Back

ref Keyword in C#


C# supports value type and reference type data types. By default, the value type variable is passed by value, and the reference type variable is passed by reference from one method to another method in C#.

Example: Passing Value Type Variable
using System;
 
public class Program
{
    public static void Main(string[] args)
    {
        int myNum = 10;
             
        // pass value type
        ProcessNumber(myNum);
        Console.WriteLine(myNum);
             
        Console.ReadLine();
    }
 
    public static void ProcessNumber(int num)
    {
            num = 100;
    }
}
Output:
10

In the above example, the value type variable myNum is passed by value. So, changes in the ProcessNumber() method does not get reflected to myNum, whereas the reference type variable myStr is passed by reference to the ProcessString() method. So, any changes in the ProcessString() method will be reflected.

We sometimes need to pass the value type variables by reference. So, how to do it?

C# includes ref and out are keywords, which help us to pass the value type variables to another function by the reference.

The following example demonstrates passing a value type variable by reference using the ref keyword.

Example: Passing Value Type by Reference
class Program
{
    static void Main(string[] args)
    {
        int myNum = 10;
        ProcessNumber(ref myNum); //use ref to pass the parameter by reference 
           
        Console.WriteLine(myNum);
        Console.ReadLine();
    }
 
    public static void ProcessNumber(ref int num)
    {
        num = 100;
    }           
}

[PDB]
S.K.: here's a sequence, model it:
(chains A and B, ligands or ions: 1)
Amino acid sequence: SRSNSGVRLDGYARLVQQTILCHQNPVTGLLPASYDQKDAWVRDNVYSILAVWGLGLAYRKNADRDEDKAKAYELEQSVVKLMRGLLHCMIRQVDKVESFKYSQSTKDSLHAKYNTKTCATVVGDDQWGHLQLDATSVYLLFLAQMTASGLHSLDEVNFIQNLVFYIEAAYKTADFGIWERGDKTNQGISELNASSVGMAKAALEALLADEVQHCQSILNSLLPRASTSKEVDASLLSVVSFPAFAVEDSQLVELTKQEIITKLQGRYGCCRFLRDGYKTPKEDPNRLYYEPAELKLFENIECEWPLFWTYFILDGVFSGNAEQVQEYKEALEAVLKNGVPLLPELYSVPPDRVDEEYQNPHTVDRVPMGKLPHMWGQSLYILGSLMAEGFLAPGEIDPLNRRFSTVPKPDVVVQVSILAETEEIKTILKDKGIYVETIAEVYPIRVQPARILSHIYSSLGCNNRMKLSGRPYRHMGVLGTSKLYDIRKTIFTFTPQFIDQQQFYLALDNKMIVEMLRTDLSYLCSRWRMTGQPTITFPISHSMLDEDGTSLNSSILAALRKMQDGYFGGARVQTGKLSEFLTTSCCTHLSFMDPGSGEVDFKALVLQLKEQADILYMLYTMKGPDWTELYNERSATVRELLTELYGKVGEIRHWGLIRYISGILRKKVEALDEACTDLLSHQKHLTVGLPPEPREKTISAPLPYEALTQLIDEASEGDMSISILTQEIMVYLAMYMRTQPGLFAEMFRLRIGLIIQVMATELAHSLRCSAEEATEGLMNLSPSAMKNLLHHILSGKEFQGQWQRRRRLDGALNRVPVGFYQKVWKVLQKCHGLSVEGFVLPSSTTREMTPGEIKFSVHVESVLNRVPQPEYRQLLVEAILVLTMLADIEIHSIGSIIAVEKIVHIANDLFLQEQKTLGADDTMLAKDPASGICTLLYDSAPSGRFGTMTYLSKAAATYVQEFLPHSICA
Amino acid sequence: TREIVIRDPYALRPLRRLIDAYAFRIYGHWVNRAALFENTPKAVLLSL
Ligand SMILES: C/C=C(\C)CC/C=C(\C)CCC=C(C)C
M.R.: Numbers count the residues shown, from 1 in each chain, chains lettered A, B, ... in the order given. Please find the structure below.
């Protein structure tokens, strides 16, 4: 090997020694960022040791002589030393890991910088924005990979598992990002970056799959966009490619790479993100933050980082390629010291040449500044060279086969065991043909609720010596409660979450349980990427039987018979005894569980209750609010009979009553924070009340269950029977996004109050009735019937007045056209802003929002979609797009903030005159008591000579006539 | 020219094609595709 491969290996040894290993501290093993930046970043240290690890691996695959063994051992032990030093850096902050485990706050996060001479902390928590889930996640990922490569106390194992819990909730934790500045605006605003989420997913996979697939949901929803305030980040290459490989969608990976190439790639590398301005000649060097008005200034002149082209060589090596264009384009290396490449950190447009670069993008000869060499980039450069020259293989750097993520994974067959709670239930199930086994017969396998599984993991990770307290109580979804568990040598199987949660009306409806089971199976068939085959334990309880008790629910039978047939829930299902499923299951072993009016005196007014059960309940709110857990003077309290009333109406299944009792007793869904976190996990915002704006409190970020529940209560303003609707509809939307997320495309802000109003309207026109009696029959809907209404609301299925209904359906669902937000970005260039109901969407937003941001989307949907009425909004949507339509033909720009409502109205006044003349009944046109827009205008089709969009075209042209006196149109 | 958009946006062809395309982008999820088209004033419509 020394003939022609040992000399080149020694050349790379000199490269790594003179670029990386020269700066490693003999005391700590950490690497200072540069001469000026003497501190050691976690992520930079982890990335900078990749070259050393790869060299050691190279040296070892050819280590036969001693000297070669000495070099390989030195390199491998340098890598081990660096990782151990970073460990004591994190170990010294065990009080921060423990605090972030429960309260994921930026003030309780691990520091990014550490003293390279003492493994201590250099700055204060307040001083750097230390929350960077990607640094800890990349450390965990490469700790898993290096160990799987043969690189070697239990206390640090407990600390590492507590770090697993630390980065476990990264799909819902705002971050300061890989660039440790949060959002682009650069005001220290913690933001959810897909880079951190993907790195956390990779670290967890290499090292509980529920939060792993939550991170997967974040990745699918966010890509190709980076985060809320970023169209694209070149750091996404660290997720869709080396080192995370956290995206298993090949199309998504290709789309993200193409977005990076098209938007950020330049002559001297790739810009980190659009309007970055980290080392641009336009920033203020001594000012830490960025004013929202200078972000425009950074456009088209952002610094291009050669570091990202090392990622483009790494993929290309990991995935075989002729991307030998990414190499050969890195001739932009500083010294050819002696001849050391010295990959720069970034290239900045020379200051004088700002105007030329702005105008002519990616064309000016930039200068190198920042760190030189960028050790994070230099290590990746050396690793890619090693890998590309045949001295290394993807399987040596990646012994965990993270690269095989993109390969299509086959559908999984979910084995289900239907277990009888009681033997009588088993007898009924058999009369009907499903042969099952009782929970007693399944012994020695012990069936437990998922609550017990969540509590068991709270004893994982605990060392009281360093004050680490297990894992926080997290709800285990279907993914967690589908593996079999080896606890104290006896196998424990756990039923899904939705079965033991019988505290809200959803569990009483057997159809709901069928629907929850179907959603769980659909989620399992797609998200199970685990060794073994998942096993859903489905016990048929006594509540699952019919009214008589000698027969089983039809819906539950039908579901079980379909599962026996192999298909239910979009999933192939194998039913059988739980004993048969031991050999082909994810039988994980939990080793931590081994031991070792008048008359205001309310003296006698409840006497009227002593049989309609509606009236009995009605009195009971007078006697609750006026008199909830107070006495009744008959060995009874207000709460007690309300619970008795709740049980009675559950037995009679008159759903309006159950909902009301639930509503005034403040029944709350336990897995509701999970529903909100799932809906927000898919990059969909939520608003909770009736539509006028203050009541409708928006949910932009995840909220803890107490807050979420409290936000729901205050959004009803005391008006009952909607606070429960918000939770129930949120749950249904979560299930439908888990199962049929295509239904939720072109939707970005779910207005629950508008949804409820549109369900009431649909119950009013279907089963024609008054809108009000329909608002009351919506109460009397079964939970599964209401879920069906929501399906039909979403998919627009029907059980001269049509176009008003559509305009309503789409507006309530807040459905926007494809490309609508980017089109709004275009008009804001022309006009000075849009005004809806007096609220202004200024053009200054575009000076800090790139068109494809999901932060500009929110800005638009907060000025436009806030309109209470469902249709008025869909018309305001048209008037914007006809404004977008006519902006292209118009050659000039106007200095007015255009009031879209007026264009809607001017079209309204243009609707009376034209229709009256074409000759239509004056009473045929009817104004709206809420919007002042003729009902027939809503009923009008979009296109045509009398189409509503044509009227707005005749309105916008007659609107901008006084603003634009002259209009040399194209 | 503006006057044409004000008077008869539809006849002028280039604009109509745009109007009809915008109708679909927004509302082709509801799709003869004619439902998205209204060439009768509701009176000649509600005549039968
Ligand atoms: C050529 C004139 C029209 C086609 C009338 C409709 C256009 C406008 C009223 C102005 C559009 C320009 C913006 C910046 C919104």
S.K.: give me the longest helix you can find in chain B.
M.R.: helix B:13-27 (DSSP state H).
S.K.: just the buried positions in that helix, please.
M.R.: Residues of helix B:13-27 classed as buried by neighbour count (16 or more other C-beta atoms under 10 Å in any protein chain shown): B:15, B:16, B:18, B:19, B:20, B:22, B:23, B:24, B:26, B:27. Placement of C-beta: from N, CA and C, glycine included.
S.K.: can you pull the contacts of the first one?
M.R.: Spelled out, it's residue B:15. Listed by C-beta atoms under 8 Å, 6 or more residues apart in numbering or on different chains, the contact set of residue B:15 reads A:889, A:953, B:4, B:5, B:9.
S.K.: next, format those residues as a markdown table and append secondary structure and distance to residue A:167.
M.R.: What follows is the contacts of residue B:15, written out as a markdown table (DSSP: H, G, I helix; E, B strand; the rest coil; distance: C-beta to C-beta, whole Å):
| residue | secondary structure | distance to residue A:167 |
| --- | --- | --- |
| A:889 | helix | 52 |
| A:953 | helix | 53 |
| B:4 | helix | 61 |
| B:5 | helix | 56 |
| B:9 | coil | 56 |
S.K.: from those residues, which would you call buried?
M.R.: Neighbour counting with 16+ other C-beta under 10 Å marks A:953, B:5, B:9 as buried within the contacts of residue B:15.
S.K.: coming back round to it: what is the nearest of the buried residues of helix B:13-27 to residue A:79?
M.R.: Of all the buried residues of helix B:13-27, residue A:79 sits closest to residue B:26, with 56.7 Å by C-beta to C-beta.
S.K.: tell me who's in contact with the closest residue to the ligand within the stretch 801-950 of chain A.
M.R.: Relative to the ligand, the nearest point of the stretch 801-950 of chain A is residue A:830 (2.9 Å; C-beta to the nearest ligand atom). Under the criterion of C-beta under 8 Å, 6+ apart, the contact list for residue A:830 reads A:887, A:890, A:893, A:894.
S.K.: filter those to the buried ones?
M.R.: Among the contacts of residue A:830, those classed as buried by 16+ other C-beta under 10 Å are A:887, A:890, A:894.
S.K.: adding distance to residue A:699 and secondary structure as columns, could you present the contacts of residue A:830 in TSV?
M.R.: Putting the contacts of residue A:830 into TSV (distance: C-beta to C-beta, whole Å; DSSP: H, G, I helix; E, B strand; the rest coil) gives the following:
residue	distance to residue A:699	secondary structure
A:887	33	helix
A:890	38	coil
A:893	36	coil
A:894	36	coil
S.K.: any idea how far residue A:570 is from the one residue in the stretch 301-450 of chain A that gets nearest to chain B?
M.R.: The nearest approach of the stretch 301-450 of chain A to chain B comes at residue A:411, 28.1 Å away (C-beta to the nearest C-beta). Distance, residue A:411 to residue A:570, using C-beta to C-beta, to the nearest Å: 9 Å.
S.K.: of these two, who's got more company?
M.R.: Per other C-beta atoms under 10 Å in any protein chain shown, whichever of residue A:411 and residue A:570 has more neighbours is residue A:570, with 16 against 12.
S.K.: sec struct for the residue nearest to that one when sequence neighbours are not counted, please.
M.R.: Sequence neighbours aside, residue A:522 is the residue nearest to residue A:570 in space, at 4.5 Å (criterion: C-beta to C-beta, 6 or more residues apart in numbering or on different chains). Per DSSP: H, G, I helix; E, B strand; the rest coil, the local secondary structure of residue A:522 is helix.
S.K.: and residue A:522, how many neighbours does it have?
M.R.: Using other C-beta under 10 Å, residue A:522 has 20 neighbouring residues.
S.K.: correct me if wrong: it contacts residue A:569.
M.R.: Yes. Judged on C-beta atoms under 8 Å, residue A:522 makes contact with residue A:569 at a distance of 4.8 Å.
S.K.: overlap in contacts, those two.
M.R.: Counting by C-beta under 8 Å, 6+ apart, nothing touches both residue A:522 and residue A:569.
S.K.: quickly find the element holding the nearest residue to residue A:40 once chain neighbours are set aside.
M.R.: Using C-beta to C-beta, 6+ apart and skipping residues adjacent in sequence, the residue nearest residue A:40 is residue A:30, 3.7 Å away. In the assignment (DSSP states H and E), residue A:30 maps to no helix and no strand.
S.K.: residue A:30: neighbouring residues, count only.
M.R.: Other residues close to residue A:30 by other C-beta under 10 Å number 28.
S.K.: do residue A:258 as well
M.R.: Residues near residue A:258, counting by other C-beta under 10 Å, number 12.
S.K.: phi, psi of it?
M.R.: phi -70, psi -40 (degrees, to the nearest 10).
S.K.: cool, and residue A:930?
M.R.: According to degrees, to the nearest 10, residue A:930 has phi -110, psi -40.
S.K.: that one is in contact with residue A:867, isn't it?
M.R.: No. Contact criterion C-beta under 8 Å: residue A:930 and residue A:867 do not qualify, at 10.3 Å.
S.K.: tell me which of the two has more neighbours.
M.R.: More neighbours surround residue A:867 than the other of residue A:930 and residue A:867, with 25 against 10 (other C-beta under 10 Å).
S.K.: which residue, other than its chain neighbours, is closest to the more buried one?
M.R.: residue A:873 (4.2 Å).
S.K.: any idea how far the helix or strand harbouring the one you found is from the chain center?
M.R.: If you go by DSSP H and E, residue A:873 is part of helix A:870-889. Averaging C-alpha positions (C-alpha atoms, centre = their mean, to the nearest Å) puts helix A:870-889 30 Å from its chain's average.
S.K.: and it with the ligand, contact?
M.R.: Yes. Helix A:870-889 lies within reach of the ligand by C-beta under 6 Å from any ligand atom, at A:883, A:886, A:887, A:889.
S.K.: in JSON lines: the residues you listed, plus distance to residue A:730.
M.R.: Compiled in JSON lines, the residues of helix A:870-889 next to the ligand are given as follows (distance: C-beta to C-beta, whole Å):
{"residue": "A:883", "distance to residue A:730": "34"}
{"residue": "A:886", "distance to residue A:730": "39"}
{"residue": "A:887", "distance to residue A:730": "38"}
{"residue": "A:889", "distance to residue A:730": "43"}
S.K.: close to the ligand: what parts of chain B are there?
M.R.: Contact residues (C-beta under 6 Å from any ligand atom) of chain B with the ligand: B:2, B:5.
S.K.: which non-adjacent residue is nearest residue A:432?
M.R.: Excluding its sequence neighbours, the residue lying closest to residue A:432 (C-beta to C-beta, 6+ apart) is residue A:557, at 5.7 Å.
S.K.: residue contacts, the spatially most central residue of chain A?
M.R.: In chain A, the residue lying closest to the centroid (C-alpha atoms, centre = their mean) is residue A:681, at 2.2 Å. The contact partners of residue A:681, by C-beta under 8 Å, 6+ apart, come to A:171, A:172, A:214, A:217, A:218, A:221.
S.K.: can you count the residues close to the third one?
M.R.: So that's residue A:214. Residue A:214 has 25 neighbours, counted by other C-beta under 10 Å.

Output:
100

As you can see in the above example, the ProcessNumber() method specifies an int parameter with the ref keyword, so we must use the ref keyword while passing this parameter while calling ProcessNumber() method. A variable must be assigned a value before passing as an argument with the ref keyword.

We must specify the ref keyword when passing to the method. Otherwise, it will give a compile-time error.

static void Main(string[] args)
{
    int myNum = 10;
    ProcessNumber(myNum); //Compile-time Error: Must use ref keyword 
           
    Console.WriteLine(myNum);
    Console.ReadLine();
}
 
public static void ProcessNumber(ref int num)
{
    num = num + 100;
}

The method can include other parameters with the ref parameter, as shown below.

static void Main(string[] args)
{
    int myNum = 10, val=0;
    ProcessNumber(ref myNum, val); 
           
    Console.WriteLine(myNum);
    Console.ReadLine();
}
 
public static void ProcessNumber(ref int num, int val )
{
    num = num + val;
}

Ref and Out Parameter in Method Overloading

Both ref and out are treated the same as compile-time but different at runtime. We cannot define an overloaded method that differs only on 'ref' and 'out' parameter. The following will give a compiler error.

Example: Invalid Method Overloading
interface INumberProcessor
{
    void ProcessNumber(ref int k, int j);
    void ProcessNumber(out int k, int j);
}

However, we can define method overloading either ref or out parameters, as shown below.

Example: Ref Parameters in Method Overloading
interface INumberProcessor
{
    void ProcessNumber(int k, int j);
    void ProcessNumber(ref int k, int j);
    void ProcessNumber(int k, ref int j);
}
 

Further Reading: ref Keyword